20 April 2012: Media owners with a newspaper heritage have struggled to make sense of the online space. But there's hope when Mail Online, the world's most popular news website, according to comScore, says it's on track to break even this year.
9 May 2012: The Mail Online editor, Martin Clarke, shocks the Leveson inquiry by saying the most devastatingly coherent thing it has heard in weeks - he argues that the inquiry should stop obsessing about the rules of engagement in print media and think a little bit more about the battle to engage news-hungry audiences on the internet. Sites such as Mail Online, he suggests, are the only hope for the newspaper industry.
31 May 2012: But the company showing most determination to develop new forms of online revenue is News International. Now, as part of a marketing initiative linked to the Diamond Jubilee, The Times and The Sunday Times offer limited periods of free access.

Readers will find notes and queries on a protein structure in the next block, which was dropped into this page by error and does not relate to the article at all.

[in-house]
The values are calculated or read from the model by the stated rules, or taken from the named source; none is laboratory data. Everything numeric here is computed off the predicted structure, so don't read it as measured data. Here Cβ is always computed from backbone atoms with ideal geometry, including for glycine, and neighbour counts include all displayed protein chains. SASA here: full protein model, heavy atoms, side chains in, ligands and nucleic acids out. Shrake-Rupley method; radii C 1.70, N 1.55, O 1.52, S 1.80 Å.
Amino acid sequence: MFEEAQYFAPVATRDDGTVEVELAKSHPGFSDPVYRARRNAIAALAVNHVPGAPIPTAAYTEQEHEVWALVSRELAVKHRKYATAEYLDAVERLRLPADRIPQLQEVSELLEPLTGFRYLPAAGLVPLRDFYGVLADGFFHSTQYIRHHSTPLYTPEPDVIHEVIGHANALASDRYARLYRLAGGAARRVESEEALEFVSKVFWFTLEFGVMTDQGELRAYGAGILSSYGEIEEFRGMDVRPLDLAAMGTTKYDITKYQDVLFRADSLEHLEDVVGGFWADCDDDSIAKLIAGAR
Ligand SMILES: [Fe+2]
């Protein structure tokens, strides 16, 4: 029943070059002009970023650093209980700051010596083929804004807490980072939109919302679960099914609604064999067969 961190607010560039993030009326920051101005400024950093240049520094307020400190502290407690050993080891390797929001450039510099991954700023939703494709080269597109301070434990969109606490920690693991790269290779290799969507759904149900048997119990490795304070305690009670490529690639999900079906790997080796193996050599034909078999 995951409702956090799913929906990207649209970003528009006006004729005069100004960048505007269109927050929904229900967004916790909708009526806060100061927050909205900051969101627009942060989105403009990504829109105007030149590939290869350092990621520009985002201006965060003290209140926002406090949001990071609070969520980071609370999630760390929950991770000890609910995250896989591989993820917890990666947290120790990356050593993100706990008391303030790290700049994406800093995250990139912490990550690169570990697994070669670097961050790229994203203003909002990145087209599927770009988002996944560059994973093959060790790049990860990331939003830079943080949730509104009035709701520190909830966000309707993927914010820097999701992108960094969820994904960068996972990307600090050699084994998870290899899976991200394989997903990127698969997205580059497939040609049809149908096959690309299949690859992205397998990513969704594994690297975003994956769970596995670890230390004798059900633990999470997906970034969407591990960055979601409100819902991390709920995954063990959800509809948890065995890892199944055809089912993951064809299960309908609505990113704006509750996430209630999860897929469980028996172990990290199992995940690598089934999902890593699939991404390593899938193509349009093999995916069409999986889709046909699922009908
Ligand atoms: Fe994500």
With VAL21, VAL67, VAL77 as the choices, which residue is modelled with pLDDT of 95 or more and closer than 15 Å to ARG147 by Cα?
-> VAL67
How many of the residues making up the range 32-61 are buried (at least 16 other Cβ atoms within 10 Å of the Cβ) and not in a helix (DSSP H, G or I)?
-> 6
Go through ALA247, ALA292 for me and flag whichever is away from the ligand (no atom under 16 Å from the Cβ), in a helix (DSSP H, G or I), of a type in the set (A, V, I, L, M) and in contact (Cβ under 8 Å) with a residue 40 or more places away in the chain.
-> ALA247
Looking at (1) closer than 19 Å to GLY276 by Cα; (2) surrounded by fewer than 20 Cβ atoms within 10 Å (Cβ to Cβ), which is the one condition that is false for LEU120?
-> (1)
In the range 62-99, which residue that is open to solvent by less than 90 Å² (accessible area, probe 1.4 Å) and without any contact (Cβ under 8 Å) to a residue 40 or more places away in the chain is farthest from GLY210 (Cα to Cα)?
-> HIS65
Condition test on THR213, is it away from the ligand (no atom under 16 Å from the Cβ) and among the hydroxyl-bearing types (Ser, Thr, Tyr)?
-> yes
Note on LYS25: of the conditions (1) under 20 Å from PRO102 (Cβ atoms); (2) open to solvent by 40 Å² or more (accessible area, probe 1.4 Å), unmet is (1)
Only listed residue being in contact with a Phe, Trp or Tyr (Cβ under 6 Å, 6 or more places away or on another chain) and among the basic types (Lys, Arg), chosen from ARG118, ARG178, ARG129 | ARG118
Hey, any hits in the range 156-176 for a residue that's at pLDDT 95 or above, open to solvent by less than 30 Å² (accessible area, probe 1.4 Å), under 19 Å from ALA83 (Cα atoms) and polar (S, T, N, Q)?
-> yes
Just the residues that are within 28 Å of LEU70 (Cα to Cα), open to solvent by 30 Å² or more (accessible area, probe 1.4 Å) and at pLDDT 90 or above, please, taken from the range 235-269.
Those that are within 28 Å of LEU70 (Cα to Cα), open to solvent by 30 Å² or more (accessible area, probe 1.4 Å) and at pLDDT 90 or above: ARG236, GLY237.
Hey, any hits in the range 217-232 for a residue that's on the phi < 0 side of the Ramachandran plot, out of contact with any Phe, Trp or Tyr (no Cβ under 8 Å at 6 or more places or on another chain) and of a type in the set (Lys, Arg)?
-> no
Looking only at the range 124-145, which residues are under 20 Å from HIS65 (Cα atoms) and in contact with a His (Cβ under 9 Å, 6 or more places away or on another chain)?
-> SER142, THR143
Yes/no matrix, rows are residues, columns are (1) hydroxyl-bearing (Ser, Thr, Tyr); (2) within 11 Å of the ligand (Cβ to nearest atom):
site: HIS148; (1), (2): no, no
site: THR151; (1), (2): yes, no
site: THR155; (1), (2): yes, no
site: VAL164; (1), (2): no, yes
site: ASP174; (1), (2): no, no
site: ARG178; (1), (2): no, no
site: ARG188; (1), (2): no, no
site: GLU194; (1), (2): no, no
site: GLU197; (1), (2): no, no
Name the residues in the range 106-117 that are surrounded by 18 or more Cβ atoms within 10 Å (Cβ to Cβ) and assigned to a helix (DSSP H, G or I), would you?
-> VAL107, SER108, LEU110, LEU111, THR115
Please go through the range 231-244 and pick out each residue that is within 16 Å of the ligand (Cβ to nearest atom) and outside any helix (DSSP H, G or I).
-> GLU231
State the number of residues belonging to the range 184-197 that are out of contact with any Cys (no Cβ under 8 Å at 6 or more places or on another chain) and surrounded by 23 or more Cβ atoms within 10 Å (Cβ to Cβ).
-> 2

21 June 2012: However, growth in the online space isn't just the preserve of the usual newspaper suspects. The latest Audit Bureau of Circulations figures show audiences increasing (almost) right across the board. The figures are particularly encouraging for relative digital laggards such as Mirror Group Digital and Standard.co.uk.
3 July 2012: And, indeed, in the face of this domestic good news, media owners begin struggling to maintain a sense of perspective. Guardian.co.uk had already opened a US office in September 2011. Now, there's speculation that Mail Online is plotting global domination - and is looking to open bureau operations in Toronto, Delhi and Sydney.
Fast forward ...
1 August 2012: But anything Viscount Rothermere and chums can do, the Lebedev family can do too, with Cyrillic knobs on. Arguing that British media companies are failing to exploit opportunities in Eastern Europe, the Independent proprietor, Evgeny Lebedev, announces that Independent.co.uk is to open offices in Gorki Leninskiye in Russia, the Moldovan capital of Chisinau and the tractor-making district of Minsk.